I also reject religious notions on this subject. If you don’t want your child knowing certain things, use another book. If you want your child to know this book but you disagree with parts of it, this is an opportunity for you to educate them. The issue is that too many parents don’t want to take the time to learn because they may have to learn too much, enough to counter what the child is learning and that’s too hard for them, or dangerous (in possibly destroying their faith, the biggest reason for avoiding letting your faith deal with difficulties of the real world),

        If need be, wait till they are old enough for the book. if you wish, educate them away from what the author is saying. But don’t hide it by altering it. It’s a kind of reverse blasphemy. Face things, discuss things. God gives us our faculties, use them. Don’t hide from the world.

        I resent the religious who hide from the world behind their religion when they should be strengthening their children to bare the world’s heavy weight against their faith for one day the parents will be out of the picture and the kids will be on their own. And these people wonder why religion is on a down slope. God’s Soldiers? Not if they are hiding from the difficult things. What soldiers train to fight only the easy battles, or no battles at all, or go to battle and only fight the easy fights?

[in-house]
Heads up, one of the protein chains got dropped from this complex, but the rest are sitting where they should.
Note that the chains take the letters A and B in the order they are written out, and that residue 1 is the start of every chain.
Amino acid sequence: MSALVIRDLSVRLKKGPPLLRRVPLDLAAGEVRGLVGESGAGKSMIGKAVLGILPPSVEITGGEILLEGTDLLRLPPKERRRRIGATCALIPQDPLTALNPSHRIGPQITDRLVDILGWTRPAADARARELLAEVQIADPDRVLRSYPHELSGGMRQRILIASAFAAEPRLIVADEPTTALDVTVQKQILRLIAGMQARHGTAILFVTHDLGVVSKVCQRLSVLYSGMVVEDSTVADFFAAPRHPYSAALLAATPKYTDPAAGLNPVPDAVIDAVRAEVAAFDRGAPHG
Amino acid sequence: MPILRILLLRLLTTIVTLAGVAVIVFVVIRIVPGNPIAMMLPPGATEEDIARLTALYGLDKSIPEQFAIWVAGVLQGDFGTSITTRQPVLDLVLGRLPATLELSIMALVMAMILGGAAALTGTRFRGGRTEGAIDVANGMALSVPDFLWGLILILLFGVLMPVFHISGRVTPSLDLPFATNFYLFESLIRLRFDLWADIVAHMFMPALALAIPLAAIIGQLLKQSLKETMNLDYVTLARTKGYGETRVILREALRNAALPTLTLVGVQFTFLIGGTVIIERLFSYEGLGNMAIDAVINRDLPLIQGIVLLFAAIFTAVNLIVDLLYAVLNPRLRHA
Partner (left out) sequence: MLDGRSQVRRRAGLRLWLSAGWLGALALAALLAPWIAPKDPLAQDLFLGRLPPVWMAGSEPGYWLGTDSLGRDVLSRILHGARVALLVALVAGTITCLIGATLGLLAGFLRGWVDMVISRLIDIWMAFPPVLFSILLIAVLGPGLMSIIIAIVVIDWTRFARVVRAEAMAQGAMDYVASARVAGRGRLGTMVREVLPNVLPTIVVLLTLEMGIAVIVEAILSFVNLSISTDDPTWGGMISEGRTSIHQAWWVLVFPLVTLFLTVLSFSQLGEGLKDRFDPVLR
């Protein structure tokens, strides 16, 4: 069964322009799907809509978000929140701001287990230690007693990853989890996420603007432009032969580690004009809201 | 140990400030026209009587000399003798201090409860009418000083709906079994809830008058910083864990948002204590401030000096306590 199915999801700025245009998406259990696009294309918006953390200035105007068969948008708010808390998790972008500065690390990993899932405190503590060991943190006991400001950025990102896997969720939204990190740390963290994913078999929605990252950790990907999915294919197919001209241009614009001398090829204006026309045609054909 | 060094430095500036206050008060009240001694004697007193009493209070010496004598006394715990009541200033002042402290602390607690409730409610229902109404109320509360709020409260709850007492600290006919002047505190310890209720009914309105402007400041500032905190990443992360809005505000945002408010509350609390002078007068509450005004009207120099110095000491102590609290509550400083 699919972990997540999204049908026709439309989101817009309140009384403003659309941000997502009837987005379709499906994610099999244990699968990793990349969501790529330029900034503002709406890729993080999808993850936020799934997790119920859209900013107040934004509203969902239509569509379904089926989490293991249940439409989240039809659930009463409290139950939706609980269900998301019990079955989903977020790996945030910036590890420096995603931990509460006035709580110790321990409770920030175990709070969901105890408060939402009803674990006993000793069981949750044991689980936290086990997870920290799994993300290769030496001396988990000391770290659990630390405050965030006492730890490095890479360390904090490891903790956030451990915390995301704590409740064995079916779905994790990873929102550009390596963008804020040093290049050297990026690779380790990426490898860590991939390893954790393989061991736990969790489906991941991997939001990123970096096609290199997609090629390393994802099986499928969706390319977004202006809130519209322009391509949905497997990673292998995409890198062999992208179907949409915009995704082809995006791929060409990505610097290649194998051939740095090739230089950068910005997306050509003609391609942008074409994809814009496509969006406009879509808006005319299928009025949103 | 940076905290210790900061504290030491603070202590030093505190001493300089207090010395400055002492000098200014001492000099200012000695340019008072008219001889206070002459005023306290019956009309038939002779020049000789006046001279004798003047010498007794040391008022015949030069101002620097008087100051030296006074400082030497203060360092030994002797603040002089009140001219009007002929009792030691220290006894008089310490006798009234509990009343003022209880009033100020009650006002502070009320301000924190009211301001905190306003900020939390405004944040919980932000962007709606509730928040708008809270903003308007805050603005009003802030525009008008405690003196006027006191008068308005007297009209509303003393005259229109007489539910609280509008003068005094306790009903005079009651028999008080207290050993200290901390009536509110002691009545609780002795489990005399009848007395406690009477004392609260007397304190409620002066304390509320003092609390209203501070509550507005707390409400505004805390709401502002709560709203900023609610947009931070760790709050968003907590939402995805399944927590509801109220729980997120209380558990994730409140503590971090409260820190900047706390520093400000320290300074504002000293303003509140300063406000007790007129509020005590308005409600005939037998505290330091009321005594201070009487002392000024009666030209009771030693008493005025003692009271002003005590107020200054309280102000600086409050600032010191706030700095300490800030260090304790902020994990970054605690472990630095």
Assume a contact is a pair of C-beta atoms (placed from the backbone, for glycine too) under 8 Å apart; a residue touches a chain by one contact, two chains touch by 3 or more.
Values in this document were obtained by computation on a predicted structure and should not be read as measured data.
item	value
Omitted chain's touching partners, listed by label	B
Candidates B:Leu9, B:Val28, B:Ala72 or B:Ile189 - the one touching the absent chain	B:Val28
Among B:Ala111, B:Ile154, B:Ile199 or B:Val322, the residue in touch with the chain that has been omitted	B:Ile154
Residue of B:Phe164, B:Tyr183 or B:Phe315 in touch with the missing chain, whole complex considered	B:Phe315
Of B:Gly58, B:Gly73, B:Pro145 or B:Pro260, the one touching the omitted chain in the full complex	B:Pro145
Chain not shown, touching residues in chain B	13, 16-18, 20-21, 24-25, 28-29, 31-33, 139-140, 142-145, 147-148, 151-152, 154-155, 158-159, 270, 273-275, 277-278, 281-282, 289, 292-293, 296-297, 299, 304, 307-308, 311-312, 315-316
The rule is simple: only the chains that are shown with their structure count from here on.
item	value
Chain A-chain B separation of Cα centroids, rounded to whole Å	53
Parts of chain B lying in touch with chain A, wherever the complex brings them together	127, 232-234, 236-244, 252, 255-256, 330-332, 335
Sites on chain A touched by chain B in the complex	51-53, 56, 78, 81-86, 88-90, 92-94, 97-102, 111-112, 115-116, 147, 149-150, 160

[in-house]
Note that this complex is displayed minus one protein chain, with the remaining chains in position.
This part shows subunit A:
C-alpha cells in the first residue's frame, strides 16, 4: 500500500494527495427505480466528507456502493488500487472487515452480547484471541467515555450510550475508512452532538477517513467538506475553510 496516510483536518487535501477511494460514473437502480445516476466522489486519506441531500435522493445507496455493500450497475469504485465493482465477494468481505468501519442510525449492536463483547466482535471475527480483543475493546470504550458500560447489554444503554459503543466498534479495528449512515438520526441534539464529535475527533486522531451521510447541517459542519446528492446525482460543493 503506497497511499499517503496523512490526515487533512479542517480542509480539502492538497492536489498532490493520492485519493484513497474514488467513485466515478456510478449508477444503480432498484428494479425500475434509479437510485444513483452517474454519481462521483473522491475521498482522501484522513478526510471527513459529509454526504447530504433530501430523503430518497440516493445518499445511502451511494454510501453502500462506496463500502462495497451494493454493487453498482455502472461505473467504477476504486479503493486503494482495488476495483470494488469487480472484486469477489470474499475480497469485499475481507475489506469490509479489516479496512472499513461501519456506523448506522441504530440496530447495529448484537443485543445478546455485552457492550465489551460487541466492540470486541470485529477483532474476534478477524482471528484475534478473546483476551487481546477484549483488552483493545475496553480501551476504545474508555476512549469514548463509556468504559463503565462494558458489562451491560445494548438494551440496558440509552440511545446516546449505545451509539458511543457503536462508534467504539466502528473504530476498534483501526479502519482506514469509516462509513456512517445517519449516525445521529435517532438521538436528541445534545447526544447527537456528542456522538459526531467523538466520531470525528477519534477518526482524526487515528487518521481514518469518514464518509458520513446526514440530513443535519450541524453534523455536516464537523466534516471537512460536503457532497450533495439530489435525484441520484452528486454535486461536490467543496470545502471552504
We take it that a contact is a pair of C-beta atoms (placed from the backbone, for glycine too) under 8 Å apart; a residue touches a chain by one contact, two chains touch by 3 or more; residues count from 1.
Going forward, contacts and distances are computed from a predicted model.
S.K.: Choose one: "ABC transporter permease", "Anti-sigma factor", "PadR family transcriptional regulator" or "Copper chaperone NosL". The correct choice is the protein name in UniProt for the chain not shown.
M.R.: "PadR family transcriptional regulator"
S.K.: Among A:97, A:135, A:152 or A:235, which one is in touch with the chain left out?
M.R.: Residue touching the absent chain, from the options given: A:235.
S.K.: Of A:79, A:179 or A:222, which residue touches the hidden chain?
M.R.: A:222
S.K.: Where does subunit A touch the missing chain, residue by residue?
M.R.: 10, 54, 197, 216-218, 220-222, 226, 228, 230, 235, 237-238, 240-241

Perhaps they will find that their faith isn’t what it’s cracked up to be. As parents we have a responsibility to teach our children a religion (if one at all) that makes some sense and most will agree that some simply do not and should be abandoned. We need more people IN the world, not hiding from it. 🙂

        If it’s not a religious issue but one of decorum (like, bad words), then skip the word in your mind (or again, get another book). But to create a business that alters art in this way (and this will expand into other things, mark my word), I find it a rather beastly, slippery slope.

        Have a nice afternoon! And, good luck.

        1. Excellent comment on how religion fits into this discussion, JZ. I completely agree. Utah can be very insular, which gives some of the religious majority an ostrich with its head in the sand point of view sometimes, and I think is why this kind of thought process is common there. But I also know that the other ideas still exist there and think you’ve hit the nail on the head in your theory that by helping their children understand they’d have to have to learn themselves, with the risk that might entail.

          1. If I understood what I read, they are talking about using a filter on books? Someone creates a filter, then the book is read through that filter that you can download and nothing in the original file is altered. Even then, I think it shouldn’t be allowed.. However, I don’t see how that could be illegal. I just don’t think it’s a good practice in general. It does fill a desire that is fairly old, to have a good book but filter out what you find distasteful. I guess I just find people who think that way as sad. Like covering up nudes in classical or even modern, art. It’s the opposite of what they mean to do, celebrate God, when he supposedly gave that all to them. From a subculture view, it makes sense, but from an over all point of view…what if it caught on, what if it was at some point, imposed? How easy then to move from filters to “1984”? DoubleplusGood for them, right? And TripleNegaiveBad, for Humanity. Seems a bit overwrought possibly, to project to that, but vigilance for freedom is necessary, throughout history.